– openSUSE 10.3 review

open source Linux distro
Photo of – openSUSE 10.3
£33.08 for retail package or free to download

The latest release of the openSUSE Linux distro has a lot to offer anyone looking to get to grips with the open source OS. It’s quicker and slicker than previous releases, with numerous performance and interface enhancements. It’s also easier to install and designed to better co-exist with Windows. Plus you get the usual bundle of new and enhanced applications and a veritable sack-full of virtualisation tools, as standard.

It’s important to understand that openSUSE is the community developed and supported version of the SUSE Linux OS, sponsored by Novell which uses it as a base for its commercial SUSE Linux Enterprise products.

The Novell version, however, is based on much older code and has to be licensed, whereas it’s possible to download the latest openSUSE software for free and, as we did, burn it to CD/DVD for use on as many desktops or servers as you want. However, if that sounds too difficult, you can also buy a boxed set containing ready-made discs plus full documentation and 90 days installation support, from Novell.

The openSUSE distro can be installed on both 32-bit and 64-bit Intel/AMD systems (PowerPC is another option) with support for dual-boot Linux/Windows setups one of the features of the 10.3 release. A graphical installation routine takes care of most things making setup no more difficult than for Windows, with most common hardware options, for example, detected and configured automatically, including the latest wireless networking adapters.

Desktop and server implementations are both available with – for those interested in such things – the same Linux kernel offering significantly quicker boot times. KDE (version 3.5.7) is the default desktop, with version 2.20 of Gnome provided for those who prefer it, along with a preview of the upcoming KDE 4 release. The classic all-green colour scheme also gets a cosmetic makeover here with, as well as the enterprise version of Kontact, a bundled copy of the KDE personal information manager.

Windows users will find it easier to navigate around the desktop in this release and access resources on Windows networks. Added to which the latest 2.3 release of the bundled productivity suite understands a lot more Microsoft formats, making it easier to swap and share documents with Microsoft Office users.

On the management front, YAST continues to be the centre of attention and is still one of the best utilities around (think of it as the Linux equivalent of the Windows Control Panel) with several new modules in the 10.3 release. The most notable is a new one-click install option which really streamlines the process of installing and maintaining code, working out any dependencies automatically before downloading and installing everything required from the appropriate online repositories.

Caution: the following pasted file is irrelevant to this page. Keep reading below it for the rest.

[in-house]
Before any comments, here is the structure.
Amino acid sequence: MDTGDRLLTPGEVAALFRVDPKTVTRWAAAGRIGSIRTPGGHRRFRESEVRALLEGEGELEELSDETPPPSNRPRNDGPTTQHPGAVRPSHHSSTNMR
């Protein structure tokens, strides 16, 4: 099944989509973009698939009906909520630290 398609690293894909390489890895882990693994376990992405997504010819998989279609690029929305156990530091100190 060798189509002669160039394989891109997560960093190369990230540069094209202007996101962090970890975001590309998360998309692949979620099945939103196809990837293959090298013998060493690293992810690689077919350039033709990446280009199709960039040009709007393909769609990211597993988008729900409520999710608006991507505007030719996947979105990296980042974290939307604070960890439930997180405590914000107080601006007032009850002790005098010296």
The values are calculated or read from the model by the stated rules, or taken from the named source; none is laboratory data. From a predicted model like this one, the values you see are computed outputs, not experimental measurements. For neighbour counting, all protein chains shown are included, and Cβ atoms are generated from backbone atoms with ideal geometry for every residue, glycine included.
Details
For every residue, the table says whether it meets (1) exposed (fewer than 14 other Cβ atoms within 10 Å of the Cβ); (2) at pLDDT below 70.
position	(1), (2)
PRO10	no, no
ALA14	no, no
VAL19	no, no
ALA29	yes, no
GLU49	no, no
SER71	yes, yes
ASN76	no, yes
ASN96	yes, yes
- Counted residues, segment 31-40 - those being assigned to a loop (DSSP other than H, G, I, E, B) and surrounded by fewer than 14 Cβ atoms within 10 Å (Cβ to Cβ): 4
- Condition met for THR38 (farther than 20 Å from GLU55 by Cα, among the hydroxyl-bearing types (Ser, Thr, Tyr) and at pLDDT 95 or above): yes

Finally, just about every virtualisation tool known to man is now bundled as part of the openSUSE distro, including the latest Xen 3.1 software with support for both full hypervisor and para-virtualization setups. Processors with Intel VT and AMD-V hardware virtualisation extension are also supported by the Xen software, but aren’t essential, plus there’s an enhanced graphical management tool.

Kernel extensions to better support VMware are another new feature, along with a number of other virtualisation products including VirtualBox 1.5, QEMU and the experimental Kernel-based Virtualisation (KVM) project.

Something of an acquired taste as a business tool, openSUSE is a popular with both enthusiasts and developers alike. It’s also a good choice for those wanting to try Linux for the first time, offering easy installation, a high level of Windows integration and a good level of free support from the open source community.


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A solid update to this popular Linux distro with numerous performance and management enhancements, better integration with Windows, new and improved applications and a host of virtualisation options. A favourite with enthusiasts and developers, it will also appeal to Linux newbies, with a simple upgrade path to the commercial Novell platform, if needed.